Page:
Blogging about life in Minnesota, raising our six kids with Down syndrome while battling Breast Cancer.

Be the kind of woman that when your feet hit the floor in the morning the devil says, "Oh shit! She's up!"

Wednesday, June 22, 2016

The Stranger in My Car

A few weeks ago I was called by a county caseworker. Given my name by an inmate in her county jail, she asked for my assistance in getting him from the county jail to a chemical treatment facility. It would require a full-day commitment due to distance, but I said yes. This person is estranged from his family, and having experienced that before I understood how difficult it can be to advocate for someone when they didn't really want the help.

I arrived at the county courthouse to sit through the person's public sentencing hearing. When he walked in I was taken aback. His body spoke of hard drug use: blonde, with a fresh haircut and shave, his eyes were bright and clear yet he was the thinnest human I had ever seen aside from the orphans I have met over the years. He had been in the county jail for a couple of months. I don't doubt he had actually gained weight during his stay.

His public defender explained to the judge she had spoken with his extended family about his history, how he started using drugs at the age of 15 or younger , first recreationally, later as a means to escape the situation his family had been involved in. He struggled with clinical depression without the aid of medication. He spent his high school years in alternative learning programs designed for "at risk" kids due to his mental health needs. The judge accepted the recommendation of the prosecuting attorney and stayed his sentence of 58 months in federal prison, instead sending him through "drug court" and the county's new chemical treatment program. Although only two years old, with the very intensive counseling and on-going supports they have in place, this program is seeing the highest 1 year sobriety rate of any similar program in the country. So, so lucky this boy. I prayed for him. That whatever got him to this point would be helped with this program. That he could feel the love of his family he didn't want contact with. Why didn't he want contact with them?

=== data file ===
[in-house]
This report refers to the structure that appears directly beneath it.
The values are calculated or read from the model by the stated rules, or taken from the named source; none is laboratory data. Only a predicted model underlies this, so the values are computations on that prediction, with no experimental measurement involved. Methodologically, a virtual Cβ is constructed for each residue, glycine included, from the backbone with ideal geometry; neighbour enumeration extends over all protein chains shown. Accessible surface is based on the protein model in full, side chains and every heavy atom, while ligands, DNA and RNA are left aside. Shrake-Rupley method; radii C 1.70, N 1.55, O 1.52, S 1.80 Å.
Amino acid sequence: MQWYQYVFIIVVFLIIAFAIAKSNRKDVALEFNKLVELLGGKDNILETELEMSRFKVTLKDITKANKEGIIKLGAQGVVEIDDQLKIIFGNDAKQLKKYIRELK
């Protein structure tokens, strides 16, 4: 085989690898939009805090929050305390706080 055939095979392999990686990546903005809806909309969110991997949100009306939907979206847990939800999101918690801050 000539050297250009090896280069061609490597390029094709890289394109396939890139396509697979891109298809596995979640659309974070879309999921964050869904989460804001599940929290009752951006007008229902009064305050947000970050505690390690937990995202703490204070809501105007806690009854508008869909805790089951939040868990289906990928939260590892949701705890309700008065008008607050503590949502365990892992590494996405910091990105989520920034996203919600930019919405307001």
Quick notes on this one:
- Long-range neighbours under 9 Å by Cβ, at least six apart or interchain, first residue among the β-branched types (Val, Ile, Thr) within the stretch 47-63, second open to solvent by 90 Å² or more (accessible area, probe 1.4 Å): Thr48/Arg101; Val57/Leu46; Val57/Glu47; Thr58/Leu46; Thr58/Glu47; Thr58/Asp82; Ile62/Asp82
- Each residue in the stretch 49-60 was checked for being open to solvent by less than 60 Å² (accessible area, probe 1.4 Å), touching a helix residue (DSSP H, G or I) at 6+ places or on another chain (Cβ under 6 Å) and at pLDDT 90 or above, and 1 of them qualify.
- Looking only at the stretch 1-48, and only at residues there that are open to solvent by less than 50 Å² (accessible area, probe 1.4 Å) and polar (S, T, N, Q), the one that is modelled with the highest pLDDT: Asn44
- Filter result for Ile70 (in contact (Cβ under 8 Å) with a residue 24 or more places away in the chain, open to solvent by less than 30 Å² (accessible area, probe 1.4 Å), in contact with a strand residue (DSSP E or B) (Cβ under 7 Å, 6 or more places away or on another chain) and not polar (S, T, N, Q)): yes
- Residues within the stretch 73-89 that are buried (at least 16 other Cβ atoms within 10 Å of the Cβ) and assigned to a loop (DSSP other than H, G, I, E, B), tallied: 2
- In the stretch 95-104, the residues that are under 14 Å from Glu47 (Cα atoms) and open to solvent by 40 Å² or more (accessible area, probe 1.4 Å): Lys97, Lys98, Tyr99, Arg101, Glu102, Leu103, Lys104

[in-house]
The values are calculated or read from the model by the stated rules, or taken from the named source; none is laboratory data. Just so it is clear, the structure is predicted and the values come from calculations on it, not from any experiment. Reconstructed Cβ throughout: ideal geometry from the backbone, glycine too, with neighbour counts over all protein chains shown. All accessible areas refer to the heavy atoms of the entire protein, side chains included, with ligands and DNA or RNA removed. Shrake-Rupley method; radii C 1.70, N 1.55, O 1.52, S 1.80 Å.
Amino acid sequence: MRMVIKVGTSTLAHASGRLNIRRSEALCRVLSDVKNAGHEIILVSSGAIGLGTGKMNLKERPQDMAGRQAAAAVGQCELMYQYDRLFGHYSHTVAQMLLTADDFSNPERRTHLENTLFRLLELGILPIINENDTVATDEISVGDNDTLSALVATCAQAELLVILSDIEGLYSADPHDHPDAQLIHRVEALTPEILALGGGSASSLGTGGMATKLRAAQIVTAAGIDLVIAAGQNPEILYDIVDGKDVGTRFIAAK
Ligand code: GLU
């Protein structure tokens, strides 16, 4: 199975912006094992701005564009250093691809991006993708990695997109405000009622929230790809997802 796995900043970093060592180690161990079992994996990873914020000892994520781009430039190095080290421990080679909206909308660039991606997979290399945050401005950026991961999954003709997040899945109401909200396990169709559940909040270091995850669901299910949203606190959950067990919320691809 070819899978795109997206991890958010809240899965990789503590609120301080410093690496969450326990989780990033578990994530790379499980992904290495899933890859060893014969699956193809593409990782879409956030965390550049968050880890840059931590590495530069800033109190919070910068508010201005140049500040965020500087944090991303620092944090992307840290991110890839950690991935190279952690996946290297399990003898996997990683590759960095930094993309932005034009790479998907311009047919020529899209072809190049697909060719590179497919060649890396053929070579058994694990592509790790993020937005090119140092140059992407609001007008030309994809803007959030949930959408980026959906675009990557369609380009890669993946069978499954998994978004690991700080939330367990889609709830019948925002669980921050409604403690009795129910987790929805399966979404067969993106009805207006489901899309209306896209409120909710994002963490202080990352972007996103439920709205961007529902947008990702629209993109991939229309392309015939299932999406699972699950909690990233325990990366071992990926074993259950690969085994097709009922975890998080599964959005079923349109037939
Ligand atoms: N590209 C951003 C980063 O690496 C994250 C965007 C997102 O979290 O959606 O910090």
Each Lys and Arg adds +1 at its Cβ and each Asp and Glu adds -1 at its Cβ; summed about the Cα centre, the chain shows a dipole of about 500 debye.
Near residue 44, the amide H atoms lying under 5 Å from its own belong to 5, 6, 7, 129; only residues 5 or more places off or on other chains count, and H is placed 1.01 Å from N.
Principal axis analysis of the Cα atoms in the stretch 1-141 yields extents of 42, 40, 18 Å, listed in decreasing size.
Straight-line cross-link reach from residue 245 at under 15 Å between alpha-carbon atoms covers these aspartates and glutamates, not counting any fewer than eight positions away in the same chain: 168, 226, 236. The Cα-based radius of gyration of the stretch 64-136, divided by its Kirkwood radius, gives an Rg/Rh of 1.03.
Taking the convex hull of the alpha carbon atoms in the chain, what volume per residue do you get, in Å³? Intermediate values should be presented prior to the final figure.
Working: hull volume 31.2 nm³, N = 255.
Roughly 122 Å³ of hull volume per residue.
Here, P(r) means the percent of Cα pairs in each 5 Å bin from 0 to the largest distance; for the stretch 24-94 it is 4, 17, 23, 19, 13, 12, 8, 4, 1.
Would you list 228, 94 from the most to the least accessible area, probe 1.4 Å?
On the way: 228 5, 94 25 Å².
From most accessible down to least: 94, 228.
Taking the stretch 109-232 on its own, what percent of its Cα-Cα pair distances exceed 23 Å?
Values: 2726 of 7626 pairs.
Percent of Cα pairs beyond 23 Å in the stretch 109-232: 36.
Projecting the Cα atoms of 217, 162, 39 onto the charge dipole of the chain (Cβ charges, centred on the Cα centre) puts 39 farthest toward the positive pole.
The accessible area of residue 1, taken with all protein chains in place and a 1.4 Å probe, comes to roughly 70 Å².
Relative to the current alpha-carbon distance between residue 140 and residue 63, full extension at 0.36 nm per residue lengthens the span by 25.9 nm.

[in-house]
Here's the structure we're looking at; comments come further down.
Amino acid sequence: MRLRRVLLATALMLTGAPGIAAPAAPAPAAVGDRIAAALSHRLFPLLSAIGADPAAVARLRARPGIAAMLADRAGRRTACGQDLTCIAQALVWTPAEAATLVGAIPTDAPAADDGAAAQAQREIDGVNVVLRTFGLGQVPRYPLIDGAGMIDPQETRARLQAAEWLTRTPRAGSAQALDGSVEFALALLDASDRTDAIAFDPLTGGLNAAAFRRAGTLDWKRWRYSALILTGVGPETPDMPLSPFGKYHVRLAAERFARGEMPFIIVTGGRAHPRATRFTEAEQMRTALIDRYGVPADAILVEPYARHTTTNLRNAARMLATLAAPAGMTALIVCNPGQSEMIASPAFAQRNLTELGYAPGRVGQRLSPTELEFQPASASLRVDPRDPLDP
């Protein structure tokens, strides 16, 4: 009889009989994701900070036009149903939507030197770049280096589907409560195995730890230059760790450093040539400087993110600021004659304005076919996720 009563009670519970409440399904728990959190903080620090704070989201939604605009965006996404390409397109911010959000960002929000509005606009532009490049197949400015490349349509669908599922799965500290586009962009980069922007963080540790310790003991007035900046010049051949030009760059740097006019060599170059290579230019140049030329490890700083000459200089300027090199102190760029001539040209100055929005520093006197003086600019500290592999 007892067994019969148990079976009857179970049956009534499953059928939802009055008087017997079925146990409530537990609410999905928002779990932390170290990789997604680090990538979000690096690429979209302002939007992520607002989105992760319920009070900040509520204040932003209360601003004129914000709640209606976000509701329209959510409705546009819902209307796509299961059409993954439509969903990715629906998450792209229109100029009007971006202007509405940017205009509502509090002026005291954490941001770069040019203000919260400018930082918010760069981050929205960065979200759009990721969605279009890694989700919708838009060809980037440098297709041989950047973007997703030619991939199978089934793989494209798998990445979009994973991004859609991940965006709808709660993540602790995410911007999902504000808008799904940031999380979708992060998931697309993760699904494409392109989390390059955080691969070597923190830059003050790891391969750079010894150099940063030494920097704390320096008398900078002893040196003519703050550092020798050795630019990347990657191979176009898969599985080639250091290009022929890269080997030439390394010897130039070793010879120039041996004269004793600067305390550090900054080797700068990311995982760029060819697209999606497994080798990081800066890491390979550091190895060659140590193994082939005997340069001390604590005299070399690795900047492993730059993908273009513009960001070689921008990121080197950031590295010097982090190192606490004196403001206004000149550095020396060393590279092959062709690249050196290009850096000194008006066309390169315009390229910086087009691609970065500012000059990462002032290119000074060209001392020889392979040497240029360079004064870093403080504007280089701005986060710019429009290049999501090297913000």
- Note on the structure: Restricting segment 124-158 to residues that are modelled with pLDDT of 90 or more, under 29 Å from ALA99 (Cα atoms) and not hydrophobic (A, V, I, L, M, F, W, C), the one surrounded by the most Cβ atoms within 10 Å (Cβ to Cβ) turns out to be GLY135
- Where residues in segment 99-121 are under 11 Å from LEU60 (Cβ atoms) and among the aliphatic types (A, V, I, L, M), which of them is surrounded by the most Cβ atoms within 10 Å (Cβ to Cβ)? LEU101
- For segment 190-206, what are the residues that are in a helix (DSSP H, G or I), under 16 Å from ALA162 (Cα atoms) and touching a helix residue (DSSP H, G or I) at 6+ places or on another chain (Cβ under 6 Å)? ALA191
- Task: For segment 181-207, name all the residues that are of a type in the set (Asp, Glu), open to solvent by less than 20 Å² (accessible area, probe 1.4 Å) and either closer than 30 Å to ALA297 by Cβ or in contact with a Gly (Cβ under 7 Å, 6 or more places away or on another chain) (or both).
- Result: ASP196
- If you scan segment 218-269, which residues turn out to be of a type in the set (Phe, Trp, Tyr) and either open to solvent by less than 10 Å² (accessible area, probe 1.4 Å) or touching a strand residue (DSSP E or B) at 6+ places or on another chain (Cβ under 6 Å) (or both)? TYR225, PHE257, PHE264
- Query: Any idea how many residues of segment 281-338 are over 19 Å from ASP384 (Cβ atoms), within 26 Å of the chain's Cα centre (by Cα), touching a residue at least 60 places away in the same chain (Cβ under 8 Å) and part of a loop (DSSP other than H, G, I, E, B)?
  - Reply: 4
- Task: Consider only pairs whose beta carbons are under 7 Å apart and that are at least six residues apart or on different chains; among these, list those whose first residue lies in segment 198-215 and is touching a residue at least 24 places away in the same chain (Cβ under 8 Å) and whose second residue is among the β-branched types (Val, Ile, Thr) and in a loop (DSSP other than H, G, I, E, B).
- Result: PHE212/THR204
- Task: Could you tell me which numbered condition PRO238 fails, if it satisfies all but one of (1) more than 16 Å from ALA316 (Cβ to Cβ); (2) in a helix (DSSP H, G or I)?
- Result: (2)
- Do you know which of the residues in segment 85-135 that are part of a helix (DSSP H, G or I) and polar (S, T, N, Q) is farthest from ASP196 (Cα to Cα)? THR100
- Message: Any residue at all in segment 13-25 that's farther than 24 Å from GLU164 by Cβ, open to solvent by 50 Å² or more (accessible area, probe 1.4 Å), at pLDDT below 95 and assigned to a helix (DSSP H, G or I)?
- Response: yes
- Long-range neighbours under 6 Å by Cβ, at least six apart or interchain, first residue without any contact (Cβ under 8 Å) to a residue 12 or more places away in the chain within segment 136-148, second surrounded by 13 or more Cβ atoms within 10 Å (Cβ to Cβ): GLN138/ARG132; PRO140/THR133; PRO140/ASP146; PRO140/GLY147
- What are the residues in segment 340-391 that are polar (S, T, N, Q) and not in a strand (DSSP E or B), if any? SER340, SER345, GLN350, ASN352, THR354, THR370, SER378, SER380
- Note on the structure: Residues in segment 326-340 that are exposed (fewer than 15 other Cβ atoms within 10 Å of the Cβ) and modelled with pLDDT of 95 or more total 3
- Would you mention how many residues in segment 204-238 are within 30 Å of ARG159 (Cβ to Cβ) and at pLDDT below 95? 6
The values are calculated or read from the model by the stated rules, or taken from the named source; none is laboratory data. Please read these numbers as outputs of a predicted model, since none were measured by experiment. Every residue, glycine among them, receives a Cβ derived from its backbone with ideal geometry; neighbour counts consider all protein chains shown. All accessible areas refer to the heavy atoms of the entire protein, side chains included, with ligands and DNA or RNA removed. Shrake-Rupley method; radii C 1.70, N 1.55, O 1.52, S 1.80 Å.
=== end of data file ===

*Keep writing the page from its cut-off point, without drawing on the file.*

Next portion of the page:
He loaded his meager belongings into the back of my van. A backpack and small box of keepsakes was was all he owned. We mostly rode in silence, me making small talk here and there as I tried desperately to talk to this stranger sitting next to me, but he was withdrawn and angry over some situation that had happened just before the hearing. He seemed resentful of my help, and I wanted to tell him how difficult it was for me to get there. I realized although he is about to turn 29, he seemed much younger. When teens start using drugs, their brain development stops at that point. This "kid" had started using at 15, which matched his current, very teen-like attitude.  I wanted to ask "How did you get to this point? "  and "Why don't you talk to your family?" and "Is  this your "rock bottom?" But this was his thing. He is an adult, after all.

We arrived at the treatment facility.  He followed me through the automatic sliding door as I gave his name at the front desk. I turned to introduce him and he was gone. Through the glass doors I could see him on the railing along the front walkway, his hands shaking as he lit a cigarette, his knee bouncing in nervousness. The staff intake person, John,  gave me a knowing look. "Here's a cart to bring his things in. I'll be right here if you need me."